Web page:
Report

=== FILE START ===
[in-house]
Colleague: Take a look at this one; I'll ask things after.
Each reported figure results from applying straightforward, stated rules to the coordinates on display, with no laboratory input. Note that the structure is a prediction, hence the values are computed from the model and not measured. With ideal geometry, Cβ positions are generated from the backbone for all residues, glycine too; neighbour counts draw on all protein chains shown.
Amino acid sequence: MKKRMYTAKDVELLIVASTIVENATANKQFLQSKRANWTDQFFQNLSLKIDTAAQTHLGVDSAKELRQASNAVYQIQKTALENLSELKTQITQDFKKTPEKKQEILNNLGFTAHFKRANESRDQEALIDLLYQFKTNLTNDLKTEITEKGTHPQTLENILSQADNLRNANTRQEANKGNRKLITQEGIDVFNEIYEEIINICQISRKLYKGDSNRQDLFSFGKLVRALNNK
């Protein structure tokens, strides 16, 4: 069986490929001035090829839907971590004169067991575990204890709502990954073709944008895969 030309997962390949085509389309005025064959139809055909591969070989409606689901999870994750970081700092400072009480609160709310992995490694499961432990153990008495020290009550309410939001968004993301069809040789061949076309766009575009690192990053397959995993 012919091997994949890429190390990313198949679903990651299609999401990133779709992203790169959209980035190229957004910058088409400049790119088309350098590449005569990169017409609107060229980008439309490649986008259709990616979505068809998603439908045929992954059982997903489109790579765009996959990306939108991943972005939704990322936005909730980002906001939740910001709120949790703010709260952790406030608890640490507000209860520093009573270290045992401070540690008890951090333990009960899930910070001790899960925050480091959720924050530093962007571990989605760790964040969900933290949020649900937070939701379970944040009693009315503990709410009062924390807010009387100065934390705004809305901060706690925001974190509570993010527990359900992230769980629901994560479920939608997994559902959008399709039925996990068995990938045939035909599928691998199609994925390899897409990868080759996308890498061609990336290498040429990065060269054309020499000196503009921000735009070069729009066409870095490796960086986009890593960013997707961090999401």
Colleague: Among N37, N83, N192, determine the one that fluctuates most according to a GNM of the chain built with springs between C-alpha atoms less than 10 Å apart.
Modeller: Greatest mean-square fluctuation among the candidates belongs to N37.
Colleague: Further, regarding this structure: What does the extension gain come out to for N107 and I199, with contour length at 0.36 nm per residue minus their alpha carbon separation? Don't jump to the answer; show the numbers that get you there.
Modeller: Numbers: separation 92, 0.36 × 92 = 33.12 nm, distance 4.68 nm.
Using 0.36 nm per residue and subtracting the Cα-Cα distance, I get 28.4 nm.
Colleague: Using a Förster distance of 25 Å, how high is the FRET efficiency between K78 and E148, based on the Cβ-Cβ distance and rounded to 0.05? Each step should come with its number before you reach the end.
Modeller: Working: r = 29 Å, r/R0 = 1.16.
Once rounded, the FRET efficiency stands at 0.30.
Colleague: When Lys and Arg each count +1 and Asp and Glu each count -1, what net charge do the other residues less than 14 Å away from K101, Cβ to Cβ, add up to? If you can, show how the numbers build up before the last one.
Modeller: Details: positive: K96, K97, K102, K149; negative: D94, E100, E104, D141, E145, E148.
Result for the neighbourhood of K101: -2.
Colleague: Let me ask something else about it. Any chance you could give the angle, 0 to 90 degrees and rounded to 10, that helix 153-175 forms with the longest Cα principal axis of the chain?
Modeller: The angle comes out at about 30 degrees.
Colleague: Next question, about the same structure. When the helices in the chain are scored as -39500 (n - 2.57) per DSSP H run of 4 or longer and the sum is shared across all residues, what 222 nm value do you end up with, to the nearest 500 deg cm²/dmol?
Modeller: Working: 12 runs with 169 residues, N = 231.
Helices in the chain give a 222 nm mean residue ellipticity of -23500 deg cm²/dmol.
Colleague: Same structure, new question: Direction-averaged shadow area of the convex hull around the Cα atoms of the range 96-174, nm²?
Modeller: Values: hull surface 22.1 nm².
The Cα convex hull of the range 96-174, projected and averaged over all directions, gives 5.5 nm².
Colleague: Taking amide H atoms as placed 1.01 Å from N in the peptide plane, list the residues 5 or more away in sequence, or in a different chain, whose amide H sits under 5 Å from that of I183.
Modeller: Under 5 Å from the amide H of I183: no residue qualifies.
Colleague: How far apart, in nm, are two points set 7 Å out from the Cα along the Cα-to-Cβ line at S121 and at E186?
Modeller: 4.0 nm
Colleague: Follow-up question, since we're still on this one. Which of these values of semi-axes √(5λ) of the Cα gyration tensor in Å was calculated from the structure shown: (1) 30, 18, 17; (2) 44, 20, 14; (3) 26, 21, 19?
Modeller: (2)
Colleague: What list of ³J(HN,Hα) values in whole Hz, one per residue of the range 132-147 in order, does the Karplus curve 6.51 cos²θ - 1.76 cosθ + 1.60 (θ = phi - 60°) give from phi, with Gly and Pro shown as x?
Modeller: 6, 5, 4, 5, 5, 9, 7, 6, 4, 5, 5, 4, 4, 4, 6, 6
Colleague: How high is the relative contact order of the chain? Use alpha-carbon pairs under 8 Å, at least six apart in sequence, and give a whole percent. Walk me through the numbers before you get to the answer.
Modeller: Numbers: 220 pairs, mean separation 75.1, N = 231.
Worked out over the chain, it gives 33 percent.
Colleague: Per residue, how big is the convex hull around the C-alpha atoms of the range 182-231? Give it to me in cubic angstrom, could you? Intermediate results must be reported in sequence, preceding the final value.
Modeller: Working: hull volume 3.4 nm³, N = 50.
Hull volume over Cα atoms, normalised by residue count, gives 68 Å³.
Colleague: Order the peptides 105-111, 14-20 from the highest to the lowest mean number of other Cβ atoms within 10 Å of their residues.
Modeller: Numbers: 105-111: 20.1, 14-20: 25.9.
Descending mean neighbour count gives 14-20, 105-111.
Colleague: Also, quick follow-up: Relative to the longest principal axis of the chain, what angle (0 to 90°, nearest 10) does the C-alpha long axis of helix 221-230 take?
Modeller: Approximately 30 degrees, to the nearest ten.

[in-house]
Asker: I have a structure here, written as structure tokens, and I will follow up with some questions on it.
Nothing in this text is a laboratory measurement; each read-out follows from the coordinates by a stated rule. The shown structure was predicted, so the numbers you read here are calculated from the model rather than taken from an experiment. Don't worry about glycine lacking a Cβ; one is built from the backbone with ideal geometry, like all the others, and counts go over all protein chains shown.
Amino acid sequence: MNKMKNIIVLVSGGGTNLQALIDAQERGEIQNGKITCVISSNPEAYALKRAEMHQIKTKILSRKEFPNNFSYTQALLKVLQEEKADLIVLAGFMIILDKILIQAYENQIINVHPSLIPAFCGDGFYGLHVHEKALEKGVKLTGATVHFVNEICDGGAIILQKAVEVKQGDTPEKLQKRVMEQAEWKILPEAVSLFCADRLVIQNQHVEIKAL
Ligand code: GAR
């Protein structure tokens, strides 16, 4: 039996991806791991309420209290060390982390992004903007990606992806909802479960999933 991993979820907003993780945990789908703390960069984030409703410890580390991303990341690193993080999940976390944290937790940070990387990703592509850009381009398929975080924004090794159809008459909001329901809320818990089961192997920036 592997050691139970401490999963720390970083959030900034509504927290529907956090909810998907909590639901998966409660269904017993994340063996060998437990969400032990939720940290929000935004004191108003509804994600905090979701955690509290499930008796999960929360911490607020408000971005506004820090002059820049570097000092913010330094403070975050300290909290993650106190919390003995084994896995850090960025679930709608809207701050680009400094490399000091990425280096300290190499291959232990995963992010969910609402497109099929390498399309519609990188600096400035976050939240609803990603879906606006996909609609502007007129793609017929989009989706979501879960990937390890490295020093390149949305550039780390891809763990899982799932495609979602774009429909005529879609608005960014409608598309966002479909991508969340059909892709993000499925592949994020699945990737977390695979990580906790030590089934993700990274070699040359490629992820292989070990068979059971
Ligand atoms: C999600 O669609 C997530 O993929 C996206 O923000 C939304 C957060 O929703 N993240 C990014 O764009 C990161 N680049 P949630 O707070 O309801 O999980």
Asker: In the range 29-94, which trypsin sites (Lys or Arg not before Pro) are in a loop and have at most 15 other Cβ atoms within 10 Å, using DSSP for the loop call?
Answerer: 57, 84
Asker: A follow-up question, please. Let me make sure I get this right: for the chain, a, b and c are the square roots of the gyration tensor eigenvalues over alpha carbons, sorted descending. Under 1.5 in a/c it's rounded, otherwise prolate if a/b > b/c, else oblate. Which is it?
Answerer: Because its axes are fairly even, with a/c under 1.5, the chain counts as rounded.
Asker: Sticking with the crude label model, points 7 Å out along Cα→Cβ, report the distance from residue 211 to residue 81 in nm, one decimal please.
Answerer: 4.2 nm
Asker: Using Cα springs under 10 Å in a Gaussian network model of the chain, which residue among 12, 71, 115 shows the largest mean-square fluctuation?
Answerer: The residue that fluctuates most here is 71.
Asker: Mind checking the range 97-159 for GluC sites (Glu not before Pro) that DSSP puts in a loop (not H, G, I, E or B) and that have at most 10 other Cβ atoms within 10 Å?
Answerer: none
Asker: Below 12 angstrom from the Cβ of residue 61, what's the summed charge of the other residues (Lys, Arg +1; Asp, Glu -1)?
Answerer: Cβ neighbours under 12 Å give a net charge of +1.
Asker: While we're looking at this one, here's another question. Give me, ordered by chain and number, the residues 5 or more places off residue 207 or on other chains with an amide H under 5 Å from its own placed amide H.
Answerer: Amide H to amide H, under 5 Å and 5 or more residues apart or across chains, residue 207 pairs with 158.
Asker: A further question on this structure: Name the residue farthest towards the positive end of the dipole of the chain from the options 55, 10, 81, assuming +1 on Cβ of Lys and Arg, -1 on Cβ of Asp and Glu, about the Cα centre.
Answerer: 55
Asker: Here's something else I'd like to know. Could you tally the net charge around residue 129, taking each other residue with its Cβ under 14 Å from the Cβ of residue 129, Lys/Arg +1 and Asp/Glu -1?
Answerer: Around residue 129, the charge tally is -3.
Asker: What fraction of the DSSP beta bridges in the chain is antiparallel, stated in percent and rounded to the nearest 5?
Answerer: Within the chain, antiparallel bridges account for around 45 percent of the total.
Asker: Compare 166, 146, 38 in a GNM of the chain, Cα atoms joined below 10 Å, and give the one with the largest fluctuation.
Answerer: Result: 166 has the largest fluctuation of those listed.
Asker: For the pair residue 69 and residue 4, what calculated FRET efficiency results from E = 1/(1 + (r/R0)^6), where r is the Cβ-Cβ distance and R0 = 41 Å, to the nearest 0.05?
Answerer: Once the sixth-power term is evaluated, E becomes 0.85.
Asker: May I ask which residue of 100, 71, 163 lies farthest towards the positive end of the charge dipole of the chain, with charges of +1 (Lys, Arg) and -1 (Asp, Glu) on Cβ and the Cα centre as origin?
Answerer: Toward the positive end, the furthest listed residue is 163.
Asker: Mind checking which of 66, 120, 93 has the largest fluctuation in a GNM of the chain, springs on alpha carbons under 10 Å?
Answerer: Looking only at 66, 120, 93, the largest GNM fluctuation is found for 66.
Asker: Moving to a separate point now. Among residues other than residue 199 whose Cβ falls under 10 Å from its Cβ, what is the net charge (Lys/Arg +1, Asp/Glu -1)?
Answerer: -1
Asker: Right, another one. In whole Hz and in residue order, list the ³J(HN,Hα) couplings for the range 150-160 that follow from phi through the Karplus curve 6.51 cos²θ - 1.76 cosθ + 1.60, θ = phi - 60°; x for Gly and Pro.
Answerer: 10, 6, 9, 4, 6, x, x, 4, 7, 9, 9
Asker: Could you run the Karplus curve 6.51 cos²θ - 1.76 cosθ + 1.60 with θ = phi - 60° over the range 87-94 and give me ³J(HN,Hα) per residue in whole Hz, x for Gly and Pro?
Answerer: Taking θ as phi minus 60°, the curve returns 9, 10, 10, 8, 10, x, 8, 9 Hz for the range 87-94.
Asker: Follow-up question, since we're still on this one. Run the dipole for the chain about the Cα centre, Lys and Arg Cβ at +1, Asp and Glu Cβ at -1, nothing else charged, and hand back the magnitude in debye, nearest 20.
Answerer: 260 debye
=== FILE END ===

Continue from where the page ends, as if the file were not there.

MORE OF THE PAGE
UNCLASSIFIED IMPACT Project Drag coefficients of Low Earth Orbit satellites computed with the Direct Simulation Monte Carlo method Andrew Walker, ISR-1 UNCLASSIFIED Operated by the Los Alamos National Security, LLC for the DOE/NNSA LA-UR 12-24986 Outline • Motivation • Direct Simulation Monte Carlo (DSMC) method • Closed-form solutions for drag coefficients • Gas-surface interaction models – Maxwell’s model – Diffuse reflection with incomplete accommodation – Cercignani-Lampis-Lord (CLL) model • Fitting DSMC simulations with closed-form solutions UNCLASSIFIED Motivation • Many empirical atmospheric models infer the atmospheric density from satellite drag – Some models assume a constant value of 2.2 for all satellites – The drag coefficient can vary a great deal from the assumed value of 2.2 depending on the satellite geometry, atmospheric and surface temperatures, speed of the satellite, surface composition, and gassurface interaction • Without physically realistic drag coefficients, the forward propagation of LEO satellites is inaccurate – Inaccurate tracking of LEO satellites can lead to large uncertainties in the probability of collisions between satellites UNCLASSIFIED Direct Simulation Monte Carlo (DSMC) • DSMC is a stochastic particle method that can solve gas dynamics from continuum to free molecular conditions – DSMC is especially useful for solving rarefied gas dynamic problems where the Navier-Stokes equations break down and solving the Boltzmann equation can be expensive – DSMC is valid throughout the continuum regime but becomes prohibitively expensive compared to the Navier-Stokes equations Boltzmann Equation / Direct Simulation Monte Carlo Euler Eqns. 0 Inviscid Limit Navier-Stokes Eqns. 0.01 0.1 1 10 Knudsen Number, Kn = λ/L UNCLASSIFIED 100 ∞ Free Molecular Limit Direct Simulation Monte Carlo (DSMC) • Particle movement and collisions are decoupled based on the dilute gas approximation – Movement is performed by applying F=ma – Collisions are allowed to occur between molecules in the same cell Movement Collisions Possible Collision Partners UNCLASSIFIED Direct Simulation Monte Carlo (DSMC) • These drag coefficient calculations utilize NASA’s DSMC Analysis Code (DAC) – Parallel – 3-dimensional – Adaptive timestep and spatial grid DAC Flowfield Freestream Boundary , , ∞ Sphere = 300 K = 1.0 = 1.0 Freestream Boundary UNCLASSIFIED Closed-form Solutions • Closed-form solutions for the drag coefficient, CD, have been derived for a variety of simple geometries: – Flat Plate (both sides exposed to the flow) – , = 2 2 2 − sin2 + cos 2 − + UNCLASSIFIED 2 − 2sin2 + 1 2 + Closed-form Solutions • The key term in each of these expressions is the last term which accounts for the reemission of molecules from the surface (e.g. the gas-surface interaction): – Flat Plate (both sides exposed to the flow) – , = 2 2 2 − sin2 + cos 2 − + UNCLASSIFIED 2 − 2sin2 + 1 2 + Gas-surface interaction models • Maxwell’s Model – A fraction of molecules, , are specularly reflected. The remainder, 1−, are diffusely reflected. – Momentum and energy accommodation are coupled (e.g. if a molecule is diffusely reflected, it is also fully accommodated). – Intuitive and simple to implement – Unable to reproduce molecular beam experiments Incident Velocity, Vi Reflected Velocity, Vr = cos( )=R(0,1) Diffuse Reflection Specular Reflection UNCLASSIFIED Gas-surface interaction models • Incomplete Energy Accommodation with Diffuse Reflection – All molecules are diffusely reflected but may lose energy to the surface depending on the energy accommodation coefficient, – The energy accommodation coefficient is defined as: = − − – For example, if ∞ > then the angular distribution may look like: = 0.5 = 1.0 = 0.0 increases, molecules are closer to thermal equilibrium with surface UNCLASSIFIED Gas-surface interaction models • Cercignani-Lampis-Lord (CLL) Model – Reemission from a surface is controlled by two accommodation coefficients: – , tangential momentum accommodation coefficient – α , normal energy accommodation coefficient – Normal and tangential components are independent but tangential momentum and energy are coupled. – Able to reproduce molecular beam experiments (as shown in the figure to the right) Figure from Cercignani and Lampis (1971) UNCLASSIFIED Local Sensitivity Analysis • Drag coefficients are computed with the DAC CLL model as well as with the closed-form solution for that geometry • Each parameter is varied independently with the nominal parameters defined as: – – – – – – Satellite velocity relative to atmosphere, = 7500 m/s Satellite surface temperature, = 300 K Atmospheric translational temperature, ∞ = 1100 K Atmospheric number density, = 7.5 x 1014 m-3 Normal energy accommodation coefficient, α = 1.0 Tangential momentum accommodation coefficient, =1.0 • CD are compared between the DAC CLL model and the closed-form solutions by computing the local percent error at each data point UNCLASSIFIED Geometries Investigated • Four geometries have been investigated thus far: Sphere Flat Plate Cube Cuboid UNCLASSIFIED Sensitivity Analysis – Satellite Velocity • Flat Plate and Sphere are relatively insensitive to changes in – CD ~2.1 – 2.2 over range of • Cuboid is most sensitive to – Lower U increases shear on “long” sides – CD ~2.65 – 3.15 over range of UNCLASSIFIED Sensitivity Analysis – Surface Temperature • All geometries are relatively insensitive to • For each geometry, CD changes by ~0.1 over entire range of • Dependence of sphere is slightly different – Cube and cuboid solutions are the superposition of several flat plates UNCLASSIFIED Sensitivity Analysis – Atm. Temperature • Flat plate and sphere are relatively insensitive to ∞ – CD ~2.1 – 2.15 over range of ∞ • Cuboid is most sensitive to ∞ – Higher ∞ increases shear on “long” sides – CD ~2.45 – 3.1 over range of ∞ • Cube is moderately sensitive to ∞ UNCLASSIFIED Sensitivity Analysis – Number Density • The closed-form solutions assume free molecular flow • DAC CLL simulations show this assumption breaks down across all geometries for number densities above ~1016 m-3 (with a 1 m satellite length scale) • This corresponds to an altitude of ~200 km or above UNCLASSIFIED Sensitivity Analysis – Tang. Acc. Coefficient • The flat plate is independent of – The flat plate is infinitesimally thin and therefore there is no shear at this angle of attack • For the cube, cuboid, and sphere, the dependence is linear – Sphere is most sensitive to due to geometry UNCLASSIFIED Sensitivity Analysis – Norm. Acc. Coefficient • The DAC CLL solution does not agree with closed-form solution – Closed-form solution is defined in terms of whereas DAC CLL is in terms of – There is no relation between and – Agrees at = 0 and 1 – Error grows with increasing • Can be made to agree by modifying the gas-surface interaction term in the closed-form solution UNCLASSIFIED Sensitivity Analysis – Norm. Acc. Coefficient • Modified closed-form solutions agree with DAC CLL model – Used least squares error method to find best fit – Modified closed-form solution isn’t perfect but is within ~0.5% percent error • is the most sensitive parameter of those investigated for each geometry UNCLASSIFIED Conclusions • Closed-form solutions, which assume free molecular flow, are valid above ~200 km where the density is below ~1016 m-3 assuming a satellite length scale, ≈ 1 m • DAC CLL simulations agree well with the closed-form solution except in terms of the normal energy accommodation coefficient – This is because closed-form solutions are cast in terms of the normal momentum accommodation coefficient – Can modify closed-form solutions to agree with DAC CLL model • CD is most sensitive to: – Geometry – Normal energy accommodation coefficient – “Long” bodies such as the cuboid are also sensitive to ∞ and which can lead to increased shear UNCLASSIFIED Future Work • Thus far, only simple geometries where the closed-form solution is known have been investigated – Allows for verification of the DAC CLL model vs. closed-form solution • Use DAC CLL model to find empirical closed-form fits to realistic and complicated satellite geometries (e.g. CHAMP) • Recreate Langmuir isotherm fit for normal energy accommodation coefficient (Pilinski et al. 2010) with the GITM physics-based atmospheric model • Perform global sensitivity analysis with Latin Hypercube sampling UNCLASSIFIED